· Jifty::Collection

         This is the base class of an "App::Collection", managing user capabilities on records it
         will keep track of.

       · Jifty::DBI::Collection

         This is the lowest-level base class that directly manages the access to the underlying

   Working with a single record
       Working with a single record means working with objects of classes like
       "MyApp::Model::Xxx". The typical creation and usage of a single record is:

           # create an object to allow data access
           my $object = new MyApp::Model::Xxx;

           # either create a representation in the DB
           $object->create(column => 'value', ...);

           # or load the data from DB somehow
           $object->load($id); # by a matching ID
           $object->load_by_cols(column => 'value', other_column => 'secondvalue');

           # try to load and if failed, create a record
           $object->load_or_create(column => 'value');

           # get the record's ID in the database
           # results in 'undef' if record is not valid (which usually means not found)
           my $id = $object->id;

           # delete the record from the database

       To access data stored in different columns of a record you may use some of the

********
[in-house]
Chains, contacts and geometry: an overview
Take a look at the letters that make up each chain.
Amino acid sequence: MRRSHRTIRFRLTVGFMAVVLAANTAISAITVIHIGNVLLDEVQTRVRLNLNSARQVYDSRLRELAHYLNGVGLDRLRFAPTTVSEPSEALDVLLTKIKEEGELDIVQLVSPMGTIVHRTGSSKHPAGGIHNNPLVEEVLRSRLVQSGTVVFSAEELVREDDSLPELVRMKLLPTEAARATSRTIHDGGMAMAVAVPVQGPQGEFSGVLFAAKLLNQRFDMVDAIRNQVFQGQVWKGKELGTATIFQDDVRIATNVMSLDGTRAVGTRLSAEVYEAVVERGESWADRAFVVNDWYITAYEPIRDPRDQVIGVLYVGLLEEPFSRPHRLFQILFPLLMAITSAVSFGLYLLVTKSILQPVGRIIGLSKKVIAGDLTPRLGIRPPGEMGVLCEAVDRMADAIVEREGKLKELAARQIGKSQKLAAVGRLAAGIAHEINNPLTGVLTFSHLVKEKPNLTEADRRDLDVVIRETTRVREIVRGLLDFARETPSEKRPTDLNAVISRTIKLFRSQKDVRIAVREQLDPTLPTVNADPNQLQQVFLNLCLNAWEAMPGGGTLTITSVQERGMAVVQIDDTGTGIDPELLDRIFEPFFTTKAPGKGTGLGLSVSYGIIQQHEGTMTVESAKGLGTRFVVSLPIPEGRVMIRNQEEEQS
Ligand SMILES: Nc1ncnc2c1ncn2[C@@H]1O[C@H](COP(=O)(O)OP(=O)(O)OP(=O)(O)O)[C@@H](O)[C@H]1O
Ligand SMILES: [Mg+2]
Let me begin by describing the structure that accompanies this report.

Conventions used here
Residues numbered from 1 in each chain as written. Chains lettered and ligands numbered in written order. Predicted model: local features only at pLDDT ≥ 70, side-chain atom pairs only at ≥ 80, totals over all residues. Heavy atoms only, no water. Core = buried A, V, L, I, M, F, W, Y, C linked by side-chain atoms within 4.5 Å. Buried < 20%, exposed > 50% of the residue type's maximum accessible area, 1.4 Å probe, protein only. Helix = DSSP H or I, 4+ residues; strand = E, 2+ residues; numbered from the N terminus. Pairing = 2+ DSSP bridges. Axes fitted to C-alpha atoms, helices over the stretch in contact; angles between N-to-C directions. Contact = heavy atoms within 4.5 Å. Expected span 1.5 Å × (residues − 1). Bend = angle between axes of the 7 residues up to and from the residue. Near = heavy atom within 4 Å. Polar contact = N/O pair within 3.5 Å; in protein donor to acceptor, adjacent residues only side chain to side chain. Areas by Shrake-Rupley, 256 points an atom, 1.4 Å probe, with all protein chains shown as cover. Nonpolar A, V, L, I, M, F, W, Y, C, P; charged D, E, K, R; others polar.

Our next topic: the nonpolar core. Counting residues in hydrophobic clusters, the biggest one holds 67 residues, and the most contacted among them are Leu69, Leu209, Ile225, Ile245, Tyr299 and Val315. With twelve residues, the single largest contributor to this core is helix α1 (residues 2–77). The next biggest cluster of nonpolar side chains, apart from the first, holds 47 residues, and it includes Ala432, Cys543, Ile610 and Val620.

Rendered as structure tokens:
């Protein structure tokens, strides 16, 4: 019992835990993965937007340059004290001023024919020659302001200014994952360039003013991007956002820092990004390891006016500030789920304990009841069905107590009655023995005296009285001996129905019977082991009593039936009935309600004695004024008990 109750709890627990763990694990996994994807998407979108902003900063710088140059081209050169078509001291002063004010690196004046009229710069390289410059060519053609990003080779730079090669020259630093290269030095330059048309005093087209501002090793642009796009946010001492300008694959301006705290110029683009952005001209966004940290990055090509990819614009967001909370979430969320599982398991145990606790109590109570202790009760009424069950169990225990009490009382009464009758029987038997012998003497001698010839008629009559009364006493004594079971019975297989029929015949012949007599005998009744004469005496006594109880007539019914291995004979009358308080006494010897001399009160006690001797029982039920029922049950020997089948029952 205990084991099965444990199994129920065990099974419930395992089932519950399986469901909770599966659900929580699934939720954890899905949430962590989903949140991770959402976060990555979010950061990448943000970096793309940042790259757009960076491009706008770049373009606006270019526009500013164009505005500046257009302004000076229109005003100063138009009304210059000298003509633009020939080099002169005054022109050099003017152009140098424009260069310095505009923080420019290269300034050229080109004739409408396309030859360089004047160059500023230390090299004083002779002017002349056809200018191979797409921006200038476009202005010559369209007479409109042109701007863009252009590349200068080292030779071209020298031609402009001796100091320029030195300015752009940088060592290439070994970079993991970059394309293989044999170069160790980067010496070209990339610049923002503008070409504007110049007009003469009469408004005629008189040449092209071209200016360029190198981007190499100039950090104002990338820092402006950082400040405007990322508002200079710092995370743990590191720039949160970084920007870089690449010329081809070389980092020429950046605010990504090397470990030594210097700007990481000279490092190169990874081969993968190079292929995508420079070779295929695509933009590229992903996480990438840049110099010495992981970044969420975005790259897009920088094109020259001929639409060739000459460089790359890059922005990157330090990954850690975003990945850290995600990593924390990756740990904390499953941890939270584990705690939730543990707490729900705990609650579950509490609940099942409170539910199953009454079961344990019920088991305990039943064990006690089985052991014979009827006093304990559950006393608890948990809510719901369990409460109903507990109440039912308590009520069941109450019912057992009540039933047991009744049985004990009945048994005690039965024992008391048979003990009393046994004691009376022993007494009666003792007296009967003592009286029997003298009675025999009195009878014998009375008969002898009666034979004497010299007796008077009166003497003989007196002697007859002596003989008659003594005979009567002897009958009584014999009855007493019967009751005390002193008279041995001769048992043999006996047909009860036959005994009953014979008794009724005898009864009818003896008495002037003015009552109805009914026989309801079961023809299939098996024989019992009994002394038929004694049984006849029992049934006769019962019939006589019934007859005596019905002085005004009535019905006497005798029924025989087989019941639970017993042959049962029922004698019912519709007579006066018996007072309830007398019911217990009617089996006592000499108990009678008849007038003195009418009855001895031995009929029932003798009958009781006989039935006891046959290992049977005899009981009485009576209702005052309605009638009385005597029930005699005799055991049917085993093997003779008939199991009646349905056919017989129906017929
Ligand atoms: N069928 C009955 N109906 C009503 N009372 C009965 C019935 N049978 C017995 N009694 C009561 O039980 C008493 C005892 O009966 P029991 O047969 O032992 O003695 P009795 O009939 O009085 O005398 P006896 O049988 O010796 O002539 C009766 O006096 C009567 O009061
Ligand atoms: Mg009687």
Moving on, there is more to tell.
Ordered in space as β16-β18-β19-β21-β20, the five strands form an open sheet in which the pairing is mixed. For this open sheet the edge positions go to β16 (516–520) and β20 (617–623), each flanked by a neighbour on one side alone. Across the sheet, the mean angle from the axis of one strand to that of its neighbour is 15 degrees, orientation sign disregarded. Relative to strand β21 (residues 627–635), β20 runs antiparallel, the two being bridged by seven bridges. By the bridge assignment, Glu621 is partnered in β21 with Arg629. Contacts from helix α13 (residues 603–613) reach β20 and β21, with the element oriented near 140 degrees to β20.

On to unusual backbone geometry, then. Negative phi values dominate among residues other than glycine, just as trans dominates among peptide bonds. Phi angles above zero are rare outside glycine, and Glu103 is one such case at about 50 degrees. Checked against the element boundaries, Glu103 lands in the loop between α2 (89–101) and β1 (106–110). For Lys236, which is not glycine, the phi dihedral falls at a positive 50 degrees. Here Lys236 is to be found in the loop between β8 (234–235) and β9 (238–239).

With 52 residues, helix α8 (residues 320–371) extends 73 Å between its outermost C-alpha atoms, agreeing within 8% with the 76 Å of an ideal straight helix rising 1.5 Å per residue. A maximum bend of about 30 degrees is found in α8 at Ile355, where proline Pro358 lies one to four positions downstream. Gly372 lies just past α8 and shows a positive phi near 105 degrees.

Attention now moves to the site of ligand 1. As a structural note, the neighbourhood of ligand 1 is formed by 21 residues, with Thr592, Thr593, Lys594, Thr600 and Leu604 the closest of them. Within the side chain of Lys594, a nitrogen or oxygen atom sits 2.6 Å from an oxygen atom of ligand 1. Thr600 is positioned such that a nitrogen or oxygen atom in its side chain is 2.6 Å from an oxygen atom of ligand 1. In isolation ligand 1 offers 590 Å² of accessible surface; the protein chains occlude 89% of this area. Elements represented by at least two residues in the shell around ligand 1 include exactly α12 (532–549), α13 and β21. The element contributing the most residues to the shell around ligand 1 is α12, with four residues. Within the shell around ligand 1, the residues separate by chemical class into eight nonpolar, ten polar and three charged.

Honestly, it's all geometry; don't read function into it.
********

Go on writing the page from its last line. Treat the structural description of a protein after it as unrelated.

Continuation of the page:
automagically created methods on the object:

           # read some column named 'colname'
           my $value = $object->colname;

           # write some value to a column named 'colname'

           # get all columns in a single hash (not a reference!)
           my %record = $object->as_hash;

       Especially, when writing to a record, you need not worry about how to write back the data
       to the database, the object will manage this step on its own.

   Working with multiple records
       Working with more than one record of the same object-class brings collections into the
       game. Usually, a collection you deal with is of a type that conforms to your model name,
       "MyApp::Model::XxxCollection" and usually holds records of class "MyApp::Model::Xxx". You
       typically use a collection like this:

           # create a collection object
           my $collection = new MyApp::Model::XxxCollection;

           # get all items of the model into the collection

           # or restrict items to match some condition
           $collection->limit(column => 'colname', operator => '=', value => 42);

           # bring the items into some sorting order
           $collection->order_by(column => 'colname');

           # if neccesarry, directly jump to some record from the set


           # iterate through the result set
           while (my $record = $collection->next) {
                 # do something with $record

           # directly access the first or last item
           # be careful: this will set the current position also!
           my $first = $collection->first;
           my $last  = $collection->last;

           # get back an array-ref containing all items
           my $records = $collection->items_array_ref;

       Some options provided by "limit"

       In order to construct more complex restrictions the "limit" method may get called more
       than once, specifying one single condition with each call.